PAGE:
Trauma and Posttraumatic Stress Disorder (PTSD)

According to the National Institute of Mental Health, PTSD affects approximately 3.6% of adults in the United States in the past year. However, lifetime prevalence is estimated to be greater, and PTSD can affect anyone at anytime in their lives.

Posttraumatic Stress Disorder may result from directly experiencing or witnessing traumatic events. It may result from one trauma or, alternatively, multiple and repeated exposure to traumatic events. Traumatic events can include (and are not limited to):

  • Natural disasters
  • Serious accidents
  • Terrorist acts, war/combat
  • Rape/sexual assault
  • Historical trauma
  • Intimate partner violence
  • Bullying

People who experience traumatic events may have symptoms that may cause them significant distress and impact their daily functioning. These can include:

  • Intrusive thoughts about the event(s) including memories, flashbacks, nightmares/dreams that seem very vivid and as if the experience is happening again
  • Avoiding reminders of the event(s). This can include people, places, activities, objects, thoughts about the event, and may avoid talking about the event.
  • Changes in thoughts and mood such as negative thoughts and feelings about oneself, difficulties remembering parts of the event(s), feelings of fear, anger, guilt, and shame, feeling detached from others, and having less interest in activities once enjoyed.
  • Changes in arousal and reactivity. This can include hypervigilance or heightened awareness/suspicions of one’s surroundings, irritability and angry outbursts, problems sleeping or focusing.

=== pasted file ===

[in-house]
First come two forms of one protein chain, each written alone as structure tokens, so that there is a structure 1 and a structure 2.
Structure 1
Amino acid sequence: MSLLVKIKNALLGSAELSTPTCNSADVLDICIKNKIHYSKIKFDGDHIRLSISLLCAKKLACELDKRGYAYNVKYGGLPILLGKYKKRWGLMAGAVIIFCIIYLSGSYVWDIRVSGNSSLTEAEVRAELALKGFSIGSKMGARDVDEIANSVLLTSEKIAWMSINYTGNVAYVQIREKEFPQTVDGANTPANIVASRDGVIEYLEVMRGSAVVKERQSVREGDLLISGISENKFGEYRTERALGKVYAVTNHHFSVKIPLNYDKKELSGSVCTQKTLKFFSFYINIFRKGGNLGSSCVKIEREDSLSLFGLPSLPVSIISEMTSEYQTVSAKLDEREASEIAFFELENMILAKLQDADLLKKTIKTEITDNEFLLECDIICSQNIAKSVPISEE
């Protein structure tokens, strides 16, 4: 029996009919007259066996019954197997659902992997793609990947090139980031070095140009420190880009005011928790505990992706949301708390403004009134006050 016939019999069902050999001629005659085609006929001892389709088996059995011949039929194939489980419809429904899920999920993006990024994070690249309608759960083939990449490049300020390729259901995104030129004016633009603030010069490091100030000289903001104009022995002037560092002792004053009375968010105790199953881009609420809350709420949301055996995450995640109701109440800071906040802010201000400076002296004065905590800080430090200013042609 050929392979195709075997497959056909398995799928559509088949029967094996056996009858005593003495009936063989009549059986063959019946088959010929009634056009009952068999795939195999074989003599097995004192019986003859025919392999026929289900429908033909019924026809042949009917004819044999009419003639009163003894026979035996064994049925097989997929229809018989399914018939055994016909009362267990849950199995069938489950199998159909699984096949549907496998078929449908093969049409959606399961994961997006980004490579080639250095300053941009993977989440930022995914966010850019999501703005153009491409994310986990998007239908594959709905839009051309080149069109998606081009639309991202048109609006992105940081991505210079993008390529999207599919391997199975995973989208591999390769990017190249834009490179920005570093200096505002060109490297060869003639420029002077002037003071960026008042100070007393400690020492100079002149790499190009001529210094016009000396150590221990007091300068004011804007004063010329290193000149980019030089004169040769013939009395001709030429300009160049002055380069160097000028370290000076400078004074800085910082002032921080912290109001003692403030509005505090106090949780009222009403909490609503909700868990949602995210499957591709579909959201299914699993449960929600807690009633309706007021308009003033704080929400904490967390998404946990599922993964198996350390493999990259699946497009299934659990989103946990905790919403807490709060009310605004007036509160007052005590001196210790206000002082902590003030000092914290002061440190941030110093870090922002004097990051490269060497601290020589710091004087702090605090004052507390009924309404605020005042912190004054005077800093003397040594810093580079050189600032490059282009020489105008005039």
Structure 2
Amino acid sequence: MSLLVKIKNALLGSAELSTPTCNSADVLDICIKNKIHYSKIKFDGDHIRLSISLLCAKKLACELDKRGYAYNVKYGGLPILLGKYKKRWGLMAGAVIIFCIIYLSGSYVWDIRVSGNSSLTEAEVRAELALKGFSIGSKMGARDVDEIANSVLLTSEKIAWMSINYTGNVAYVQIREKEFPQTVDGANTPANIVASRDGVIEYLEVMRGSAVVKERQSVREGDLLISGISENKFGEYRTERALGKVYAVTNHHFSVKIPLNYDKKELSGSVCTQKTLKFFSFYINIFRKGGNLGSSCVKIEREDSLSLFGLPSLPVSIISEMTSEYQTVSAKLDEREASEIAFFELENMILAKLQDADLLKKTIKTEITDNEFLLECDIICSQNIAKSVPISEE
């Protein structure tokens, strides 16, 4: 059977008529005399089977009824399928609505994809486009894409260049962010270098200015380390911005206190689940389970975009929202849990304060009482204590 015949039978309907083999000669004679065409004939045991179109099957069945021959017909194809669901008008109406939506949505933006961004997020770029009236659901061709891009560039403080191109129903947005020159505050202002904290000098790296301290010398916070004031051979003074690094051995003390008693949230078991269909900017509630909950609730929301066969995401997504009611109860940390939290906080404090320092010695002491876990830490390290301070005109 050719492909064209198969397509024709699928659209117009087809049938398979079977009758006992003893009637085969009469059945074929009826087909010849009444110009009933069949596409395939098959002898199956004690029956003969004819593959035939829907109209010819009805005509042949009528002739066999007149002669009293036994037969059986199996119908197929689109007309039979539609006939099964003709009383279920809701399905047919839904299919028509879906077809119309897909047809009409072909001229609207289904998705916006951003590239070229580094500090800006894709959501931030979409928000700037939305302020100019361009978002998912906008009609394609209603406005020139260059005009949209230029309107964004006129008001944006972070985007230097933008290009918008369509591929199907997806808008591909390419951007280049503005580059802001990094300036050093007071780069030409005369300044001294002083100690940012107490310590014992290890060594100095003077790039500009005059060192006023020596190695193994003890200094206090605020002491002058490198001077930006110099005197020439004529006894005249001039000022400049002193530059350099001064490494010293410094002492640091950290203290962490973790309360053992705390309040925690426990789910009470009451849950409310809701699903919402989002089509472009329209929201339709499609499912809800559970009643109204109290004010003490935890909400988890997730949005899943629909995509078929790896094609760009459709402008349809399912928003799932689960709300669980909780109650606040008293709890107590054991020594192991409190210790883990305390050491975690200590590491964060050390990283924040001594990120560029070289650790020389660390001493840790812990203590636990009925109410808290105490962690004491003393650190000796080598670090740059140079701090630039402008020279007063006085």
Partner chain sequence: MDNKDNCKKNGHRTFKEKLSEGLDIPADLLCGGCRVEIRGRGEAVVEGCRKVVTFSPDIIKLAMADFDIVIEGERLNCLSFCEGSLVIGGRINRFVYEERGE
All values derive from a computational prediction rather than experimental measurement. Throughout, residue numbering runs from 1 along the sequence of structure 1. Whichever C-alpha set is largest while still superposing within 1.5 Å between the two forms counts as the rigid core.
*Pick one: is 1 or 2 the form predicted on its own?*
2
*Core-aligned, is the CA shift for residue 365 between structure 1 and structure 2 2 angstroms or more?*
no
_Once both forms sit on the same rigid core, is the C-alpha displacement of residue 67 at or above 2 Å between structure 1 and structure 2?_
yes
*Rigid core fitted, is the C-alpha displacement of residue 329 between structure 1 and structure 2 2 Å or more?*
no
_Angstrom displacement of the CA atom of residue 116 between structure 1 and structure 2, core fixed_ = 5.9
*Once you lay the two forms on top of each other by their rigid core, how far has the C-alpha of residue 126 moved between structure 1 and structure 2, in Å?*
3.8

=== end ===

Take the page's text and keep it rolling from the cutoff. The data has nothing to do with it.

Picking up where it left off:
There is hope for those who have experienced traumatic event(s) and are suffering from traumatic stress symptoms.

At the Anxiety and Behavioral Health Center, Cognitive Processing Therapy (CPT) for PTSD is offered on an individual basis to folks as young as 14 years old. CPT is one of the most effective empirically-based gold standard treatments for PTSD, helping trauma survivors to recover over the course of short-term treatment. It is appropriate for individuals who have experienced a single trauma or multiple traumas.

CPT at the Anxiety and Behavioral Health Center is comprised of approximately 12 to 15 weekly 60-minute one-on-one sessions. For successful treatment to occur, patients must complete independent work between sessions designed to reduce and resolve symptoms. During sessions, your therapist will help you understand PTSD and its symptoms, understand the impact the trauma has had on your life, and work with you to eliminate avoidance, explore current and alternative beliefs about the trauma, and reduce symptoms.

3280 Urbana Pike Suite 204
Ijamsville, MD 21754
(240) 549-0052

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